Thomas Woodcock, attorney and real estate developer of historic properties, announced today that the organization he has led for the past two years, Preservation Louisville, has joined forces with Vital Sites, a non-profit launched this year to use development and adaptive reuse as tools to build sustainable, healthy communities in Metro Louisville.
Mr. Woodcock made the announcement today in an email to members and
supporters of Preservation Louisville. His statement said, in part, “As a supporter of Preservation Louisville, I have been eager to share with you changes that have occurred over the last year and what’s in store for the future. … I joined the board of a new organization dedicated to redeveloping Louisville’s underutilized historic assets. Through the dedication of board members, volunteers, and a single staff member, that organization officially launched this year with a new identity and
mission. … This past year, the Preservation Louisville Board made the decision to join forces with Vital Sites. We officially became a subsidiary organization, allowing us to continue to manage the Brennan House while lending our support behind this new, exciting endeavor.”
In October, Vital Sites breaks ground on its first major project, East BroadwayRow, the redevelopment of five historic shotgun houses in the 1200 block of East Broadway near Baxter Avenue. This event builds on Preservation Louisville’s signature program preserving Louisville’s original “tiny house”: the Shotgun.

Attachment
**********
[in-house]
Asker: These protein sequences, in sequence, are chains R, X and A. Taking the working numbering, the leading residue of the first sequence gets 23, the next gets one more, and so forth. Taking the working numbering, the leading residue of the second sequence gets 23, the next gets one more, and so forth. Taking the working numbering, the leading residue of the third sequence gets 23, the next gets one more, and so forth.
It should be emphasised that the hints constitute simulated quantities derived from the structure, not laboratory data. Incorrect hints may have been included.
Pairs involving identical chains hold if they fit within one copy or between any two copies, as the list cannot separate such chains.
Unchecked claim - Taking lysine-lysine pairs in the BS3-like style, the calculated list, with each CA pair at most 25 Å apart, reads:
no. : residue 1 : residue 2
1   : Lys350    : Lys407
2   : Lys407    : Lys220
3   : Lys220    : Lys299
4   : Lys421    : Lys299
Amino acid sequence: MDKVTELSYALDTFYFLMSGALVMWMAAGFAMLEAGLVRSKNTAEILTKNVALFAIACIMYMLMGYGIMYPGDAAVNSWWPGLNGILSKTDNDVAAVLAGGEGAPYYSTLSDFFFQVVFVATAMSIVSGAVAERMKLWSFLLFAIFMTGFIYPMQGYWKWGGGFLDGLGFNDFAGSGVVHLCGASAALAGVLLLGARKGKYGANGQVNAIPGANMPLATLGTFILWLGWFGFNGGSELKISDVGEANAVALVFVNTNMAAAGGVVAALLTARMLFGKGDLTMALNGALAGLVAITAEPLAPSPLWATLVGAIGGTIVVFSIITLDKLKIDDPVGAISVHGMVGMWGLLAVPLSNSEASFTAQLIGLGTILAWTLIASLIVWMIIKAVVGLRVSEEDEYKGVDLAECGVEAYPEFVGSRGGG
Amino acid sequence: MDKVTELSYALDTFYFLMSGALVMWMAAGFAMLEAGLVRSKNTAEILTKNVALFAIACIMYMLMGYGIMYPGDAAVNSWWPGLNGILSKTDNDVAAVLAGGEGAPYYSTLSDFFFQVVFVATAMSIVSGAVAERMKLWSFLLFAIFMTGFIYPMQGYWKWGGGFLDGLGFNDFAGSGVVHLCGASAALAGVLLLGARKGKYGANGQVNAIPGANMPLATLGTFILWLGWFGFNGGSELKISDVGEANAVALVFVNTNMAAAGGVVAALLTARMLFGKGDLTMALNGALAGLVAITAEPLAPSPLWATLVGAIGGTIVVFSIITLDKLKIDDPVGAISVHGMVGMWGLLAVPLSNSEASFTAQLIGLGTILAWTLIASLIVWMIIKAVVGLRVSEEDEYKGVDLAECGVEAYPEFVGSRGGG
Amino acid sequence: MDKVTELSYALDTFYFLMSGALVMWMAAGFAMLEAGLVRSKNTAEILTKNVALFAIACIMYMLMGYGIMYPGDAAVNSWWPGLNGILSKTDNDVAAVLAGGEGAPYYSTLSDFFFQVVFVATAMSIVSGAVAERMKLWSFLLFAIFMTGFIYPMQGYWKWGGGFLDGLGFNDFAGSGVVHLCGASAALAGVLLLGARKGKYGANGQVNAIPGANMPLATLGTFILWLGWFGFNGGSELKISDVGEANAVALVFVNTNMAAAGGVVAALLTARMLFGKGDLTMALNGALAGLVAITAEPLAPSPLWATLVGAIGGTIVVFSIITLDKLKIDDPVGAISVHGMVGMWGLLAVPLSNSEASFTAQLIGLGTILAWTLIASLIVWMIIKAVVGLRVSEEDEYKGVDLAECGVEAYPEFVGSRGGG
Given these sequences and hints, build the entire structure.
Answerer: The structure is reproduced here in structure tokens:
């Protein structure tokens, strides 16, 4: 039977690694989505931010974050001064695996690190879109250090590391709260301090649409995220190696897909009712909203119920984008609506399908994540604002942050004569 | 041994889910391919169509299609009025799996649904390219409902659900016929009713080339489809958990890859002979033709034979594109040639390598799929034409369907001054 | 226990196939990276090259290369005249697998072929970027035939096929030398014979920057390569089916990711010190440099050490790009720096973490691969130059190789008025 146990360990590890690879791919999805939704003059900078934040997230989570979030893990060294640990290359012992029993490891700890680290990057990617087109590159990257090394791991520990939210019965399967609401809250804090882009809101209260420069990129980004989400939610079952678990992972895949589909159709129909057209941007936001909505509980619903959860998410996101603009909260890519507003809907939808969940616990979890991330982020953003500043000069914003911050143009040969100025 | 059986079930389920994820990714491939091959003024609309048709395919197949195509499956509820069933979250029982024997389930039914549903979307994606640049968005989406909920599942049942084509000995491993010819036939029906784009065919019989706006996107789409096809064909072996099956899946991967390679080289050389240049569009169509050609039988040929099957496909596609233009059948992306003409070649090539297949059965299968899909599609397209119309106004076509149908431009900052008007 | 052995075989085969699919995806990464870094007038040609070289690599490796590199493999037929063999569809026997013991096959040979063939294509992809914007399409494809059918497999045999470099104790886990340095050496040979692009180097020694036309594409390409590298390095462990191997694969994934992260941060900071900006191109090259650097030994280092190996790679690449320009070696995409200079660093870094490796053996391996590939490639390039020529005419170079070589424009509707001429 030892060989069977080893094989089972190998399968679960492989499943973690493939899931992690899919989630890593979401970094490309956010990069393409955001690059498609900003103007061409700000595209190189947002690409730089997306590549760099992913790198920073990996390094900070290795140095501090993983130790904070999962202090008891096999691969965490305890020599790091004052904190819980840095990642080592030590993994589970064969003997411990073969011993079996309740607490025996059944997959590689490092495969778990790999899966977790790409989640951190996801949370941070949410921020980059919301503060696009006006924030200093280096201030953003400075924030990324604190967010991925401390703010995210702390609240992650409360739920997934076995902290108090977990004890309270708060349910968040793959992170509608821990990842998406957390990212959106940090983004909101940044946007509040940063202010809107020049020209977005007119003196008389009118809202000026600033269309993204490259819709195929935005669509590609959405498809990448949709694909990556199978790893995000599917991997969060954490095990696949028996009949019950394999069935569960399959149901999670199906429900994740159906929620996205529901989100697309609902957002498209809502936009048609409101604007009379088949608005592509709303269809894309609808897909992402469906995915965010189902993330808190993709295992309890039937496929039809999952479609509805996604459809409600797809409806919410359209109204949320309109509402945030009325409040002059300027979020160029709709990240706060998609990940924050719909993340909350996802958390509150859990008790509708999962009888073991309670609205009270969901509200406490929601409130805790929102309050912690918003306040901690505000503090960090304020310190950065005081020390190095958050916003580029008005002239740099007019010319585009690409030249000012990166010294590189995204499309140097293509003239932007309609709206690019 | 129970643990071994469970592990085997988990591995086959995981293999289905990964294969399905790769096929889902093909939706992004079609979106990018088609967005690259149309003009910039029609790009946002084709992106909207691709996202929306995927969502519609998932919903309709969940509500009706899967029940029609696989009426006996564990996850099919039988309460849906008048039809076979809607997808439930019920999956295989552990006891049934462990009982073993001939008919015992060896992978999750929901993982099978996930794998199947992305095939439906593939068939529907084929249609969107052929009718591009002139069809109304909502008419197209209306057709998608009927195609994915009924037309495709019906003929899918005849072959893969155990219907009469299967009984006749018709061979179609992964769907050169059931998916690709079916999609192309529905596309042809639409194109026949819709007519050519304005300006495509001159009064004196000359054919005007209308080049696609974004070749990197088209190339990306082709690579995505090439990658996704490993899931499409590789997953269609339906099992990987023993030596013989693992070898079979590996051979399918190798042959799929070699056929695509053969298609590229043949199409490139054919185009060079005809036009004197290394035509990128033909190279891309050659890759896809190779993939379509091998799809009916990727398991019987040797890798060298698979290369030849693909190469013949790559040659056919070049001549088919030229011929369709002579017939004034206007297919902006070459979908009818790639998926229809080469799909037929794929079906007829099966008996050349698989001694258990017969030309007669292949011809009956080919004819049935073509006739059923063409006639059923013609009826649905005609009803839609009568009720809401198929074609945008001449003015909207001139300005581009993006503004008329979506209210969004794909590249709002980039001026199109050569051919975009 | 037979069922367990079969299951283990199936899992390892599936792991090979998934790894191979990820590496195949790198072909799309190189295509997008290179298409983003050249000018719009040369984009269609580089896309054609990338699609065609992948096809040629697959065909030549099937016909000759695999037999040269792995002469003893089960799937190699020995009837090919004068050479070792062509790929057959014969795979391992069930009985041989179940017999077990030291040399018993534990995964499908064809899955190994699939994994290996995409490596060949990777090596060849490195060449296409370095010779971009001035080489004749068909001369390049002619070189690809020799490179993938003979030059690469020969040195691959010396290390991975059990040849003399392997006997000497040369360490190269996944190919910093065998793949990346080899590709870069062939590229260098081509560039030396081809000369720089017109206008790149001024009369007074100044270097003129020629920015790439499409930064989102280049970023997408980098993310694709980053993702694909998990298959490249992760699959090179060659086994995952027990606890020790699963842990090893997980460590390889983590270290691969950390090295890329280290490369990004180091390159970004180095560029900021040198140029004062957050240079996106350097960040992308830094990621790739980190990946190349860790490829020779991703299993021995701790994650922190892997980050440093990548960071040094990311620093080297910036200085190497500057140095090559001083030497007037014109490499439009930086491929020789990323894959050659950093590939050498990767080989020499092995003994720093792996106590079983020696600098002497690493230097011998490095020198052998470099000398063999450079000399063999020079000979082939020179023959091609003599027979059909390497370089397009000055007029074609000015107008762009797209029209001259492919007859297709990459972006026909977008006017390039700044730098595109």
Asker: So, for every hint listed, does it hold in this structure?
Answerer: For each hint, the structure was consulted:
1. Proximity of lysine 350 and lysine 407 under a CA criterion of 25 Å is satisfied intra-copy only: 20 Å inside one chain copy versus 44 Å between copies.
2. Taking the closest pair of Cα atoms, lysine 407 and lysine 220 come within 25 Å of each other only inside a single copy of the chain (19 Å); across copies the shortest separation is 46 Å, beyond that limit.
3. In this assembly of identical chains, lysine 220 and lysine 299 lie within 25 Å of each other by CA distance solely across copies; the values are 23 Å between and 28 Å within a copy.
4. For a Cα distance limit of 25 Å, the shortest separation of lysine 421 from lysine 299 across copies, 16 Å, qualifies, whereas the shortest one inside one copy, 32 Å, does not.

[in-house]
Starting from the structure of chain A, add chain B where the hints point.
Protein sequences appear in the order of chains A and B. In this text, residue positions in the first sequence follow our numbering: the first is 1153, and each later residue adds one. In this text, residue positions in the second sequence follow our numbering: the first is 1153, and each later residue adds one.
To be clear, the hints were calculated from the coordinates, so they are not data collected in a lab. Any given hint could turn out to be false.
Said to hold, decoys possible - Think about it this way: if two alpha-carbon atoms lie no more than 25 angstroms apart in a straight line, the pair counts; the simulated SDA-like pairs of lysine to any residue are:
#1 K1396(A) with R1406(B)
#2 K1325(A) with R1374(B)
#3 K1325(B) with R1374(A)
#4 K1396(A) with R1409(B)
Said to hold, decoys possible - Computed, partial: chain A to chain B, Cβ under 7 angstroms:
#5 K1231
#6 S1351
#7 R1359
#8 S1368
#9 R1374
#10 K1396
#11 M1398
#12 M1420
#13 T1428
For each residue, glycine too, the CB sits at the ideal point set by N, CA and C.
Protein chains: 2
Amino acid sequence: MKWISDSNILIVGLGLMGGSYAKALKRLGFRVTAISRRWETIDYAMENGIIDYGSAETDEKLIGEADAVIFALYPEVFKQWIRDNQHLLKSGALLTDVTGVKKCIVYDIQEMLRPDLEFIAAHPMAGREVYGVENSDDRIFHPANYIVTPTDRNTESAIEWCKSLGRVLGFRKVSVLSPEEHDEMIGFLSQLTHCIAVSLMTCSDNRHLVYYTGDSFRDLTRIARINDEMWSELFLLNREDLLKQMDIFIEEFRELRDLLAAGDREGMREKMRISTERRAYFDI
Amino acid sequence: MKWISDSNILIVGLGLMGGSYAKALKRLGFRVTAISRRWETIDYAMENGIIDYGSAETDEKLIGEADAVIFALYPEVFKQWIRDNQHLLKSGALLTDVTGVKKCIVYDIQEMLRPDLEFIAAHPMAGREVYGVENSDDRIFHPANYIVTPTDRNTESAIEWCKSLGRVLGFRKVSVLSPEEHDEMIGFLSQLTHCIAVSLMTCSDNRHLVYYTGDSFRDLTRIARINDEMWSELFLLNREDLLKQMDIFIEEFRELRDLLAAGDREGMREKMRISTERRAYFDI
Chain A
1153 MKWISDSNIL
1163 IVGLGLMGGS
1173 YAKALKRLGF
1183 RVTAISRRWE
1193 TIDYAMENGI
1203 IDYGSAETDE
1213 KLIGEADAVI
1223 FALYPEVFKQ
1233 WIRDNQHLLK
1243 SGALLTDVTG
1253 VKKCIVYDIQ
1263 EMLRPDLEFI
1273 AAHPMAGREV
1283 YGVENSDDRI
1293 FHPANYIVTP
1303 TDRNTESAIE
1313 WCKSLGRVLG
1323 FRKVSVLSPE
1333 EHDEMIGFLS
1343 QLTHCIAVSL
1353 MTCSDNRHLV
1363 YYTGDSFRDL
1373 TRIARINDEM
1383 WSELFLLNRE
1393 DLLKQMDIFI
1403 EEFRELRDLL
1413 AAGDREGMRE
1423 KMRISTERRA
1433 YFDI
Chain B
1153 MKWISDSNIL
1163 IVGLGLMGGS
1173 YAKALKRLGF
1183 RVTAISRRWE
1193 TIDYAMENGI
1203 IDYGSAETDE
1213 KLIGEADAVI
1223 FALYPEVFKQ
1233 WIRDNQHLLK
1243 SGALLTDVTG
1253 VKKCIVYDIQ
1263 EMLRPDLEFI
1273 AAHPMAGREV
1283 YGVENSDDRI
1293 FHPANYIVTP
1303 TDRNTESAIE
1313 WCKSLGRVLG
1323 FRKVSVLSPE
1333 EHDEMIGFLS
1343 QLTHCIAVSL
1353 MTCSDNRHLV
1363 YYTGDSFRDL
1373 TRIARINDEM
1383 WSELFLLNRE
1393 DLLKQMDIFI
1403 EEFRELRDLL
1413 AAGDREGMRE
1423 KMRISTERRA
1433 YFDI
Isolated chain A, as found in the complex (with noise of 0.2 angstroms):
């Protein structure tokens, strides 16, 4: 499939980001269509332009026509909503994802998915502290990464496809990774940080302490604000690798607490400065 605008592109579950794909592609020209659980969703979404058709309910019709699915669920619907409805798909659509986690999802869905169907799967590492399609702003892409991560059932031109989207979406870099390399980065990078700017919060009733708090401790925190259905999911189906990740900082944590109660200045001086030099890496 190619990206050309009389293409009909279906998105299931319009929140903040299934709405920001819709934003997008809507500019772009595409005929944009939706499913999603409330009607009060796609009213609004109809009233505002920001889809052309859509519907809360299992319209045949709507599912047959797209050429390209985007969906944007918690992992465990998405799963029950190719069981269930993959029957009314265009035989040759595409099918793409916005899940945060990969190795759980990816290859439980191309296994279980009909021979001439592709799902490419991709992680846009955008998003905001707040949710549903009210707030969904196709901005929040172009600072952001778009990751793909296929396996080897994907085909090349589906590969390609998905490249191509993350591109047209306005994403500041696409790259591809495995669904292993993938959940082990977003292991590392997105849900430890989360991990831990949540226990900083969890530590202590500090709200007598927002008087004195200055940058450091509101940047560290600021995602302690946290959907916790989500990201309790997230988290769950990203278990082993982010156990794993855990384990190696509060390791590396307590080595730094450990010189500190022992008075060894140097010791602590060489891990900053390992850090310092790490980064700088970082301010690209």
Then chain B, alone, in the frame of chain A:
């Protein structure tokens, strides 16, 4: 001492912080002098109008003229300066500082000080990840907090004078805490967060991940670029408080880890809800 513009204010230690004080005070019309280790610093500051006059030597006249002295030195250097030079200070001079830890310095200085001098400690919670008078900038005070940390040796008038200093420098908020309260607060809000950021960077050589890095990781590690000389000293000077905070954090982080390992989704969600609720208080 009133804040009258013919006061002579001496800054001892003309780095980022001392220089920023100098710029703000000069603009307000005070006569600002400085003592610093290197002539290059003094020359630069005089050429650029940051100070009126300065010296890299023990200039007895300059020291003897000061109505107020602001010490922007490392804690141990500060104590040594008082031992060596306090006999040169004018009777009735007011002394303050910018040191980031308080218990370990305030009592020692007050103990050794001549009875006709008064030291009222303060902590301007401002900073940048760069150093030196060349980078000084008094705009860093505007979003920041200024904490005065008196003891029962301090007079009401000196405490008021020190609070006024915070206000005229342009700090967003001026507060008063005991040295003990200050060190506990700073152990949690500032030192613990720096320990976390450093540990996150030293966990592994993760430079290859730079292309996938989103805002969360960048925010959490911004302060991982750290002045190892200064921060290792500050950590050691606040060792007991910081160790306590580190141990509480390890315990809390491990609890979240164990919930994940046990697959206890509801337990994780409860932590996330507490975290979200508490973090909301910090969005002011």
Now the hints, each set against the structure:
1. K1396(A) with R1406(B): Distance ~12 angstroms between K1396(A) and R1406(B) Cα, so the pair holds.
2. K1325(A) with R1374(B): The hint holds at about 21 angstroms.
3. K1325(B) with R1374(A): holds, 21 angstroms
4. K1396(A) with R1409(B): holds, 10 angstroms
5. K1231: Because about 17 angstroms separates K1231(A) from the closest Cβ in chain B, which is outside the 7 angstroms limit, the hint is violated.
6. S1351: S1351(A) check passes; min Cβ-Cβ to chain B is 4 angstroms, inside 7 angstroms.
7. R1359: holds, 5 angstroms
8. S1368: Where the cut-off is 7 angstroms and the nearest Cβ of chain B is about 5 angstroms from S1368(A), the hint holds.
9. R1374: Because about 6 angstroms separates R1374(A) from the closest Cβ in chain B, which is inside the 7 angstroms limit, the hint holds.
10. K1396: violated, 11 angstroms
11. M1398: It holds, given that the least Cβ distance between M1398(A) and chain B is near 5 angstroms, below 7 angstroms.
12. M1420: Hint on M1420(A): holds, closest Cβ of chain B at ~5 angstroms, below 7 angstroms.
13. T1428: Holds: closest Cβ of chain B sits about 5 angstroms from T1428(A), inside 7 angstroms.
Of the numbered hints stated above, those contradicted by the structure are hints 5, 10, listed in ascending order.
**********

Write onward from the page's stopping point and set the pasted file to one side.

Most importantly, this project presents a new paradigm for preservation in Louisville: the partnership of Vital Sites, a non-profit, with a private landowner and a private developer, the Edwards Co. This creative private-non-profit partnership is a model of how large scale new development and smaller scale renovation can work cooperatively and creatively to revitalize neighborhoods.
Vital Sites will be a catalyst for revitalization of Louisville’s historic core and urban neighborhoods through the thoughtful and energetic use of its architectural heritage. This new organization has been developed with the guidance of Preservation Green Lab of the National Trust for Historic Preservation, which has used Louisville as an urban laboratory for the past three years.
More information about Vital Sites, as well as its projects and opportunities for support and membership can be found at the organization’s website, www.vitalsites.org.